Investors, particularly retail investors, choose portfolio managers based on a number of
factors, which typically include trust and reliability. The author examines how investors
react when these trust-dependent relationships are disrupted and finds that fund outflows
increase after the announcement of fund ownership changes.
Trust is an integral part of the investment management process, and any relationship
disruption can have negative consequences. The author finds that mutual fund outflows
increase after the announcement of changes in a fund’s ownership (and thus a turnover
in advisers), amounting to 7% of assets under management within a year after the change. The
author notes that retail investors are responsible for these fund outflows, which tend to be
higher if the acquiring firm has legal issues and are more pronounced for higher-expense
funds. Each of these findings suggests that investors value highly a trusting
How Is This Research Useful to Practitioners?
Investment professionals should recognize that investors have a myriad of available options
for investment management services and that numerous factors can influence investors,
particularly retail investors, to exhibit certain behaviors. As managers of investments,
these market practitioners should know that, in addition to performance, clients expect a
certain level of trust and reliability. Portfolio managers should respond accordingly by
taking steps to develop a high level of trust and by maintaining a high level of
reliability. The author demonstrates that any deterioration of this relationship will
probably have adverse consequences. Investment management firms should be aware of the
perception of trust when managing their business given the author’s finding that
barriers to trust, such as legal issues, can be perceived negatively and can damage a
client’s trust in investment managers.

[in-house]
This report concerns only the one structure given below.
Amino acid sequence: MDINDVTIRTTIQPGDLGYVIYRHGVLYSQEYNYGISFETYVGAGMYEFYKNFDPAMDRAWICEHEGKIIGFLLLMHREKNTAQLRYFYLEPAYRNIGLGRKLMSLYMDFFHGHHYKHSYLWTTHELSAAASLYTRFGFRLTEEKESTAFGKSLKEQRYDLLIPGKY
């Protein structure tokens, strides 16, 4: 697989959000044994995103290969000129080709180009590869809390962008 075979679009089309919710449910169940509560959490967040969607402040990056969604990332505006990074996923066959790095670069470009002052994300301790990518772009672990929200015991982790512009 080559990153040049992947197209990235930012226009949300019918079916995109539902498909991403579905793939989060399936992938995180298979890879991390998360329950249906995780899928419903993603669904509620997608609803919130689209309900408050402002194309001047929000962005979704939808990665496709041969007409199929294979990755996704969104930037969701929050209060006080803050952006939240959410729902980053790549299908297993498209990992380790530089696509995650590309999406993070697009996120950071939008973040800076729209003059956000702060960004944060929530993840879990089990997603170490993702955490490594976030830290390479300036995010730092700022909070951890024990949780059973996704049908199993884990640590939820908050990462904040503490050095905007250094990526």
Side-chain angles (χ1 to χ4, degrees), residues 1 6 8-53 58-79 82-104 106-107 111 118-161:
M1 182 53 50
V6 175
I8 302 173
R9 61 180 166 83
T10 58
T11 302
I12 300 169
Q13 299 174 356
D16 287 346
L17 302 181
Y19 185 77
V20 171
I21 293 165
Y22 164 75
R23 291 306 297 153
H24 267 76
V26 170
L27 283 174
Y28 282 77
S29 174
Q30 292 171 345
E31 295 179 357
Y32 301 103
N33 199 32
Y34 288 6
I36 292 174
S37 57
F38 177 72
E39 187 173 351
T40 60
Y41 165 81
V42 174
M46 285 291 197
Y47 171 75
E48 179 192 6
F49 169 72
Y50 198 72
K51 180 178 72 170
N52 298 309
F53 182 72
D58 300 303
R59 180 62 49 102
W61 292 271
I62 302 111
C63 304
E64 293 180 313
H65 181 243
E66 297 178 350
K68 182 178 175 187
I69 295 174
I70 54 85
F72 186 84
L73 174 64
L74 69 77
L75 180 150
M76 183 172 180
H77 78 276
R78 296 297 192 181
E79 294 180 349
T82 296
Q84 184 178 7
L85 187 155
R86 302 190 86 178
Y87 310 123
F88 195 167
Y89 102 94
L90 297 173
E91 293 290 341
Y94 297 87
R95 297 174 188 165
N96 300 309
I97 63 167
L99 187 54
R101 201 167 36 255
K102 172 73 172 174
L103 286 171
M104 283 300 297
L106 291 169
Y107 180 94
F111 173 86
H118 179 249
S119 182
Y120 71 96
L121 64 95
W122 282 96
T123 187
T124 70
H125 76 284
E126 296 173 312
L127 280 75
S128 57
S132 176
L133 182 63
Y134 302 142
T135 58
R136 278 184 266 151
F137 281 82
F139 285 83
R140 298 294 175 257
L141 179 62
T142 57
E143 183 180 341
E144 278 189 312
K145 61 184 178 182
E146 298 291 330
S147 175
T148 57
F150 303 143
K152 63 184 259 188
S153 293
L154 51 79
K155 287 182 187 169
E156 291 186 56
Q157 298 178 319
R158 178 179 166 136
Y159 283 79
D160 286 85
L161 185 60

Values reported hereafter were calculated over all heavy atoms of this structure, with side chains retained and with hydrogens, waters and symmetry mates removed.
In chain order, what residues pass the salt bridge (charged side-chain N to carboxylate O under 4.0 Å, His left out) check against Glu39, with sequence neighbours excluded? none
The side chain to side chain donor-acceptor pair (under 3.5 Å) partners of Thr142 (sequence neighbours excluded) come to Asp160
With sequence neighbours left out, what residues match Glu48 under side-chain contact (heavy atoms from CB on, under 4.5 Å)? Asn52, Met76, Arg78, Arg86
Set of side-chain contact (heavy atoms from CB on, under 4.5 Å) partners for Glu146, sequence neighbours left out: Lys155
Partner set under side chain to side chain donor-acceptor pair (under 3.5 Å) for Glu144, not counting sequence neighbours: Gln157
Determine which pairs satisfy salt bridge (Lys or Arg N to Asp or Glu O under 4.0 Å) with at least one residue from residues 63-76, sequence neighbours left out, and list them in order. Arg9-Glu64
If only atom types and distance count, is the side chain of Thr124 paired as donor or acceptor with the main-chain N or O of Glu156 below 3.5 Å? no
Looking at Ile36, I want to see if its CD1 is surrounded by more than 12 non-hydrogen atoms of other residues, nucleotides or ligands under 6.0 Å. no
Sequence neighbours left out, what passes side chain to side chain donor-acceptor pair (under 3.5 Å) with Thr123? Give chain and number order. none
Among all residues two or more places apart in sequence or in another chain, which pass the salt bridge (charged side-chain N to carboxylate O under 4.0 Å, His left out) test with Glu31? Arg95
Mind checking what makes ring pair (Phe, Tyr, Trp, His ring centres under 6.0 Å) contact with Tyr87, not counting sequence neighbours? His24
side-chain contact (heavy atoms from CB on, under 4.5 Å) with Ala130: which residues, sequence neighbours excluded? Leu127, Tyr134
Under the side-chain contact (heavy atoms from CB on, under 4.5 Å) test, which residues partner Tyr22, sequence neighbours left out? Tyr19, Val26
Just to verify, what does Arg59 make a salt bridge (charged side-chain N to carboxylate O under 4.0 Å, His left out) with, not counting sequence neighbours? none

A client’s needs should be of the utmost importance in the investment management
industry, and it is imperative to recognize that these needs are broader than just risk and
return. A client’s needs include the fostering of the underlying relationship and
providing a level of comfort that the client’s interests are being taken care of.
How Did the Author Conduct This Research?
The author uses data primarily from the CRSP Survivor-Bias-Free US Mutual Fund database,
annual Morningstar Principia CDs, and the SDC Platinum Mergers & Acquisitions database
as well as from the SEC Investment Adviser Public Disclosure database, EDGAR, and Compustat.
The mutual fund sample comprises all domestic, diversified, and actively managed equity
mutual funds over 1995–2012. Funds are then excluded that are outside the nine main
style boxes. Index funds are excluded by removing funds that contain the words index,
S&P, Dow Jones, and NASDAQ. Funds with less than $10 million in assets under management
are also excluded.
The author then focuses on 185 events covering 843 funds with $587 billion in assets under
management at the time of the change announcement. He performs various statistical and
regression analyses to determine how fund flows change in reaction to changes in the
ownership of the fund’s management company. He further dissects the data to better
understand fund inflows versus outflows, the impact of the distribution channel, and the
effect of legal controversies. Finally, the author uses a multivariable panel regression to
determine that retail investors are slow to react to change announcements.
The author attempts to quantify the impact of disrupting a relationship built on trust. The
author’s findings support the notion that investors value their relationship with
investment professionals and will invest elsewhere if this relationship is disrupted. I
would like to see further research expand on these findings to determine what types of
marketing are most effective at promoting trust and reliability.